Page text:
Treatment of advanced HCC had remained stagnant following the initial pioneering work that led to an understanding of the link between cirrhosis and HCC. Recently, further headway has been achieved with the refining of criteria for orthotopic liver transplantation (OLT), which is a potential curative treatment. The purpose of OLT is to treat the underlying liver disease and eradicate the tumor. There is a worldwide shortage of liver donors, and liver transplant waiting time is a major prognostic factor, as many patients will drop off the transplant list because of disease progression. Historical data suggest that the median tumor doubling time in HCC is 3 to 6 months,[4] but the waiting time for liver transplantation continues to increase and is up to 24 months in the United States.

Neoadjuvant Therapy

Practitioners have shown increasing interest in "bridging" or neoadjuvant modalities in the management of HCC, devised in an effort to delay tumor progression and decrease the rate of dropouts from the transplant list. This strategy represents an intriguing clinical challenge, since it is not clear that any of these interventions improve overall outcome. The most common strategies used to prevent dropout of HCC patients on the waiting list for transplantation are systemic chemotherapy, chemoembolization, radiofrequency ablation (RFA), percutaneous ethanol injection (PEI), and hepatic resection.

Many centers in the United States and around the world pursue some form of bridging therapy while patients are on the transplant list, even though no prospective randomized trials are being conducted. In this article, we will review the various neoadjuvant modalities and their effects on dropout rate, disease recurrence, and survival.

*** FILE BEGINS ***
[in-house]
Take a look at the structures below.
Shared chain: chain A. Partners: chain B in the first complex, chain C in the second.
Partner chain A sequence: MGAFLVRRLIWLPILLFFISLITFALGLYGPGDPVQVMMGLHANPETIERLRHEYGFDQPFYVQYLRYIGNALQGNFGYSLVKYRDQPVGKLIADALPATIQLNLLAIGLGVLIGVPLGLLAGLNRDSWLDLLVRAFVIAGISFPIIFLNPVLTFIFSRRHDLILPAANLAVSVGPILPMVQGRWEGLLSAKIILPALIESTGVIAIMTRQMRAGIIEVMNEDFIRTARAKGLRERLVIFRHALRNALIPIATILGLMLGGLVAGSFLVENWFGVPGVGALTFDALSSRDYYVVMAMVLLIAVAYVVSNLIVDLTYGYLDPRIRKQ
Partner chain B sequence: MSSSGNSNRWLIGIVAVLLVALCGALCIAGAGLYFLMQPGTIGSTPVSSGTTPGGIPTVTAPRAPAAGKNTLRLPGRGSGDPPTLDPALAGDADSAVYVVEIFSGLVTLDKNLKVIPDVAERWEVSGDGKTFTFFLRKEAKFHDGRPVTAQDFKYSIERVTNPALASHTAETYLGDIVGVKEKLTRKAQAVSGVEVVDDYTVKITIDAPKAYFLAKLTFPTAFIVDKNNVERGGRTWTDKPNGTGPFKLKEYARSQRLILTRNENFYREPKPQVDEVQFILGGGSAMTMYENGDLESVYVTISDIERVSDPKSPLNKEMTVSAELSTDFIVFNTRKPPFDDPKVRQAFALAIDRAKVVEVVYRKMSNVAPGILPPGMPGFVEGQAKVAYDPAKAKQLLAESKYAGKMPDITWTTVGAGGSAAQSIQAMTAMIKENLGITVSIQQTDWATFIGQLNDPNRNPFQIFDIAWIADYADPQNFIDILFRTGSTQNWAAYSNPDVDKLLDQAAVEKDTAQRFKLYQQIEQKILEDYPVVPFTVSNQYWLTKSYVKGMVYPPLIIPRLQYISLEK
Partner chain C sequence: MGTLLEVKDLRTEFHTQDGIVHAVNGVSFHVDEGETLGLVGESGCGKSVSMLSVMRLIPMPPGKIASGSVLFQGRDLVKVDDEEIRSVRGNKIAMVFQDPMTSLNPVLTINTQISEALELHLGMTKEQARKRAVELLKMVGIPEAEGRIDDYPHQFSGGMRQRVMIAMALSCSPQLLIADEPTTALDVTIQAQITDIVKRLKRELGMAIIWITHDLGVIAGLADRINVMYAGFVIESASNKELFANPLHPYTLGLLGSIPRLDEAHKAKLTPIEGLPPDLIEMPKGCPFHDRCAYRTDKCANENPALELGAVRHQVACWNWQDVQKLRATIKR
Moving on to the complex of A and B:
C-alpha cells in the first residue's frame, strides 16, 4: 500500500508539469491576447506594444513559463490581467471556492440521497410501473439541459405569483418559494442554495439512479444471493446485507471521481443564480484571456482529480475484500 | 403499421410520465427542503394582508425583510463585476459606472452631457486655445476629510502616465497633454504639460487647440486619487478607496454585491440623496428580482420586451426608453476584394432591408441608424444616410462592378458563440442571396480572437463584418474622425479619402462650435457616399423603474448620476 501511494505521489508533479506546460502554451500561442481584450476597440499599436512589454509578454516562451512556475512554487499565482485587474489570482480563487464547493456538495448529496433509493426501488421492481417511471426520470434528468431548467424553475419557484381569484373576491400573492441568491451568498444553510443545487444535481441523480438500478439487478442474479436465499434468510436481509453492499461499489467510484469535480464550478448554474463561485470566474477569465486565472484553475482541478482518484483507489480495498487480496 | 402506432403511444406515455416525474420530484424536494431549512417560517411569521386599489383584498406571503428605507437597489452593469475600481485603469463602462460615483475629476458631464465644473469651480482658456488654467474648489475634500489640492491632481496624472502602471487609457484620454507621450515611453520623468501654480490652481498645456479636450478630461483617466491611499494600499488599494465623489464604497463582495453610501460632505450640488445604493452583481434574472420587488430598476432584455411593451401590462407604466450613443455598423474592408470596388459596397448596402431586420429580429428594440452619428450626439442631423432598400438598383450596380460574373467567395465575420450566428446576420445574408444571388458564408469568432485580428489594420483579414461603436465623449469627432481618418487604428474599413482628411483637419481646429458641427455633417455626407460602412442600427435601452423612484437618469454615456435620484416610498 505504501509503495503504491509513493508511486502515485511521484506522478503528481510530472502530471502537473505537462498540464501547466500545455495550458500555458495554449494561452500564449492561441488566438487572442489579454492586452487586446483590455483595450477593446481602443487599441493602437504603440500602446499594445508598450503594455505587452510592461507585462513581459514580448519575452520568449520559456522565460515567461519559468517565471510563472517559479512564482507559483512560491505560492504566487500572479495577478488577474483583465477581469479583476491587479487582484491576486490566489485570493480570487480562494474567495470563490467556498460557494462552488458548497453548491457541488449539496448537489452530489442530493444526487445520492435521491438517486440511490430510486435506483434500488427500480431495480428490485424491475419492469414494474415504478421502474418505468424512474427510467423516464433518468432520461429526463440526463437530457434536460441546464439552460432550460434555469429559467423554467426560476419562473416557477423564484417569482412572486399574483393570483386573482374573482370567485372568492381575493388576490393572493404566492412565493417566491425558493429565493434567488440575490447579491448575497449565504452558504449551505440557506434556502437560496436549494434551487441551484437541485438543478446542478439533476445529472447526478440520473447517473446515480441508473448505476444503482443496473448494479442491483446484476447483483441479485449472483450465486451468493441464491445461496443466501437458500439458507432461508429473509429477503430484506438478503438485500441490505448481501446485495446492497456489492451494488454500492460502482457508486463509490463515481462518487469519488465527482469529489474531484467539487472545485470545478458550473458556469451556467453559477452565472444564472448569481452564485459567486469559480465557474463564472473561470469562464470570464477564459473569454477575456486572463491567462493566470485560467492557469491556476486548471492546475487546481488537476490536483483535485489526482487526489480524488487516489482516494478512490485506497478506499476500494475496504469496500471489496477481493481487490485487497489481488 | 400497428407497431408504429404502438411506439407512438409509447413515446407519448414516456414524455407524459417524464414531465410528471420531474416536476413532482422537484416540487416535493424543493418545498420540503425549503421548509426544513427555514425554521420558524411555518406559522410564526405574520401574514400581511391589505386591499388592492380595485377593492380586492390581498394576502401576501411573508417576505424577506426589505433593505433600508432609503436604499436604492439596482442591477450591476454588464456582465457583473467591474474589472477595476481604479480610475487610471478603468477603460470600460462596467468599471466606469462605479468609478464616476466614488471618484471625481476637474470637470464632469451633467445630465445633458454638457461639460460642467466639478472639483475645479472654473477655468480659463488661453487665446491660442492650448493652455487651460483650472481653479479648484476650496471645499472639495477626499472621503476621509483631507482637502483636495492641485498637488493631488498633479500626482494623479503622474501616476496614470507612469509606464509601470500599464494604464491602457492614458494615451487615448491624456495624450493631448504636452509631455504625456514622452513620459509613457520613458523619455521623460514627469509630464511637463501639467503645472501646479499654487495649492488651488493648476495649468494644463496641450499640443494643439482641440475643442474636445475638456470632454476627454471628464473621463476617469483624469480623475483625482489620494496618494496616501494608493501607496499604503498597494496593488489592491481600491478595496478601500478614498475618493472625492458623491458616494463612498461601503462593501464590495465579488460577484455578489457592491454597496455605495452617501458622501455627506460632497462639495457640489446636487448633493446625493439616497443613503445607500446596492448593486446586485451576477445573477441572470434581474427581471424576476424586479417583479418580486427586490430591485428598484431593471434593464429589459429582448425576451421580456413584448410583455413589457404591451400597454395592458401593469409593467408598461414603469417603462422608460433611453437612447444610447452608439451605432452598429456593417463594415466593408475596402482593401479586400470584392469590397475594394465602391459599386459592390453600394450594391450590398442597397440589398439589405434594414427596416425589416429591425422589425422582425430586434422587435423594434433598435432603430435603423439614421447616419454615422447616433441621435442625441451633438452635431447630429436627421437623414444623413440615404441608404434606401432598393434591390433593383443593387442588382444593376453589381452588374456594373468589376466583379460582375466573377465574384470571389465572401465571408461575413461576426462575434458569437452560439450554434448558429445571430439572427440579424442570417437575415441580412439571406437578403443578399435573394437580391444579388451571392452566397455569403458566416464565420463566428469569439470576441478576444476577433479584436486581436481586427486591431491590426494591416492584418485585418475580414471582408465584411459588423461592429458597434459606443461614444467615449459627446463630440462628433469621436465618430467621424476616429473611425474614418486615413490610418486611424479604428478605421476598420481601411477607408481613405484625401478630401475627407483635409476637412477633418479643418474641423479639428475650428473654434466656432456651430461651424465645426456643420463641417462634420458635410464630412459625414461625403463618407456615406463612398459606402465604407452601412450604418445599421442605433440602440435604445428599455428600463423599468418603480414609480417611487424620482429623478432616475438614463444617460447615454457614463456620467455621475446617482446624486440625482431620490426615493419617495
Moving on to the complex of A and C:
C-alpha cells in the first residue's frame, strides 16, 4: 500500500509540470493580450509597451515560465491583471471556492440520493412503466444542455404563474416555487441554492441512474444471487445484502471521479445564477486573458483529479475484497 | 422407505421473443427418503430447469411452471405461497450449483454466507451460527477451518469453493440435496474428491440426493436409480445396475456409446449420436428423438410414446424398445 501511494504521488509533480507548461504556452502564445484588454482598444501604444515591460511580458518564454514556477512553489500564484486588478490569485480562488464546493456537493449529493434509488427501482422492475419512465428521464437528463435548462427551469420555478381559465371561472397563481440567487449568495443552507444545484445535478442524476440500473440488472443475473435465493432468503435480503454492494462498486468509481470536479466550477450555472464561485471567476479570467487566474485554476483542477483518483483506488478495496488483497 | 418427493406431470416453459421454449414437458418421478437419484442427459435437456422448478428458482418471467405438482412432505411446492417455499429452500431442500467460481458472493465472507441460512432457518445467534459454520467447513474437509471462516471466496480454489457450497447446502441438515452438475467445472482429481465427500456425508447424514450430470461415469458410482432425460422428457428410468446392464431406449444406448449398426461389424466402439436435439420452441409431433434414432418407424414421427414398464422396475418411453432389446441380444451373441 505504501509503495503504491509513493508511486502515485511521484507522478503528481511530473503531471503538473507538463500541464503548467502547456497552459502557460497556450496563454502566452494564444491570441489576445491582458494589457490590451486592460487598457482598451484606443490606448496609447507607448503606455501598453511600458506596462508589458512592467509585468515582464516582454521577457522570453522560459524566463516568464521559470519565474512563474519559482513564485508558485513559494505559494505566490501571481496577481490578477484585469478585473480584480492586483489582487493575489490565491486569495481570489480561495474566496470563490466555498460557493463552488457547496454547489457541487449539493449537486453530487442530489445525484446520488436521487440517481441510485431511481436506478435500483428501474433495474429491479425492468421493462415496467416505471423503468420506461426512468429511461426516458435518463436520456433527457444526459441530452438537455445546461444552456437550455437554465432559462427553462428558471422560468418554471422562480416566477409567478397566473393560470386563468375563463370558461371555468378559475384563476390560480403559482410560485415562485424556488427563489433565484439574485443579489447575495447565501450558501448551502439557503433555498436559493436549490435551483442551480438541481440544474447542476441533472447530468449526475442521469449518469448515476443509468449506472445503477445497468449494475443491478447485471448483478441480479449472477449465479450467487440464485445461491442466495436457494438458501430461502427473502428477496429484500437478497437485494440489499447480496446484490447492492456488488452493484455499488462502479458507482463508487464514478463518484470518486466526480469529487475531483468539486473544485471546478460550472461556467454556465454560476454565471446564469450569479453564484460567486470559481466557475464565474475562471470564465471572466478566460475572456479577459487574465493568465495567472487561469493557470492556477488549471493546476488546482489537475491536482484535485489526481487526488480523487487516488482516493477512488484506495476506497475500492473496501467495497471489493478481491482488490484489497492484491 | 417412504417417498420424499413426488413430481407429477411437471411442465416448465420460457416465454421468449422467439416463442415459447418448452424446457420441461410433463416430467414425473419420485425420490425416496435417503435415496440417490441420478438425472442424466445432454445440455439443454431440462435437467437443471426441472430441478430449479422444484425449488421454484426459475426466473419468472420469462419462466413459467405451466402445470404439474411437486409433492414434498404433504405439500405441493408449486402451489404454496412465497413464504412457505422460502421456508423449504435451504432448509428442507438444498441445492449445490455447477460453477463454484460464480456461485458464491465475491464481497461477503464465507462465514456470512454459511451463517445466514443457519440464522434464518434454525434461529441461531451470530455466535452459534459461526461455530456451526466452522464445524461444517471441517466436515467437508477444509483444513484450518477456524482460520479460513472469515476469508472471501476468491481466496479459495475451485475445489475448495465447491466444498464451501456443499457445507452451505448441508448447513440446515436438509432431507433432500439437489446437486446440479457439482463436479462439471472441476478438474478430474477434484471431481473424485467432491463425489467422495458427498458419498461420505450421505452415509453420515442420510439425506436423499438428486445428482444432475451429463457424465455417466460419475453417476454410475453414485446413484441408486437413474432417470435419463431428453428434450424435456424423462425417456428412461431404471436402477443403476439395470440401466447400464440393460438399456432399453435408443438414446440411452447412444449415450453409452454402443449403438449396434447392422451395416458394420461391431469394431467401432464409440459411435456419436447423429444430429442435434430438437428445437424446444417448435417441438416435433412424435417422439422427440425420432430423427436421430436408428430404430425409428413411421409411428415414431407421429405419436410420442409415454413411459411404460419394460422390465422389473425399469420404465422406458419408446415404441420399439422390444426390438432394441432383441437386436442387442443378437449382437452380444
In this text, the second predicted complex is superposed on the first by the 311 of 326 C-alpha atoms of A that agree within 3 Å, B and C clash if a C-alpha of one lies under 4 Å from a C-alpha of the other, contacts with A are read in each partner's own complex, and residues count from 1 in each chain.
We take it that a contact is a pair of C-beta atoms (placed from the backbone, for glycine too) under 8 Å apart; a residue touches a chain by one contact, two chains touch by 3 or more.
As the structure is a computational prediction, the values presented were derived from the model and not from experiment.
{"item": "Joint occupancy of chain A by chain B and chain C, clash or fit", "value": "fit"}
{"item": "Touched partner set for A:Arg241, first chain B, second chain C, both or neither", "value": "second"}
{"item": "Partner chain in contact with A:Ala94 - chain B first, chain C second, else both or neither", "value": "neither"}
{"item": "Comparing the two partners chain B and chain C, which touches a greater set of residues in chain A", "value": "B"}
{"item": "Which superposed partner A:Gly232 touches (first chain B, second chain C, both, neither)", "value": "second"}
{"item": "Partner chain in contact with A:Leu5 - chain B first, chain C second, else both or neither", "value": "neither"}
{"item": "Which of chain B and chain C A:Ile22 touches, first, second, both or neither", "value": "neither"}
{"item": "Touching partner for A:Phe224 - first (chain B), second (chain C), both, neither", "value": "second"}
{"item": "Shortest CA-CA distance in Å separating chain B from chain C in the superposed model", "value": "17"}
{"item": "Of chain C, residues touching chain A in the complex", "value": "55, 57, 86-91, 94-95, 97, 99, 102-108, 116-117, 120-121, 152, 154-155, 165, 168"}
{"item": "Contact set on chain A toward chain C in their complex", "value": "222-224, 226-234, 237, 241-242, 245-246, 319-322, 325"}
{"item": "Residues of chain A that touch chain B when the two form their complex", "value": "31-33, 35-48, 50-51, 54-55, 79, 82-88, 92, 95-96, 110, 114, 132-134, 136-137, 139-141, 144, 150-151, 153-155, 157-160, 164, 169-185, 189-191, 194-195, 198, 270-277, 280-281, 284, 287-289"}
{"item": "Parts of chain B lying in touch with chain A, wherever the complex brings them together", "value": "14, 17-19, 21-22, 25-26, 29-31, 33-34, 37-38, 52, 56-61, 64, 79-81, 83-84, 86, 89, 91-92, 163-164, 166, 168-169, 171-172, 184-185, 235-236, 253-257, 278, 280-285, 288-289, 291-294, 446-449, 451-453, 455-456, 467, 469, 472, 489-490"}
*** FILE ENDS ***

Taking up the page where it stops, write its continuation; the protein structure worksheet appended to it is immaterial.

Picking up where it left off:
Radiofrequency Ablation

RFA involves the local application of radiofrequency thermal energy to the tumor. The movement of ions within the tissue heats the area, resulting in an area of necrosis surrounding the electrode. RFA is a safe and effective local treatment option, particularly for cirrhotic patients with small, unresectable hepatocellular carcinomas.[5,6]

RFA safety and efficacy, when used alone prior to liver transplant, has been evaluated in few studies (Table 1). These investigations were mostly small prospective or retrospective trials, including heterogeneous populations and using different tumor size criteria for treatment and varying types of radiofrequency generators. Johnson et al showed in a small pilot study that patients who underwent RFA were able to remain on the waiting list longer compared to those who received no neoadjuvant therapy (median: 484 vs 253 days, P = .03), thus improving their chance to receive a new liver.[7] Lu et al presented retrospective data on 53 patients who received RFA prior to OLT. The dropout rate was only 5.8%, and 1- and 3-year post-OLT survival rates were 85% and 76%, respectively.[8]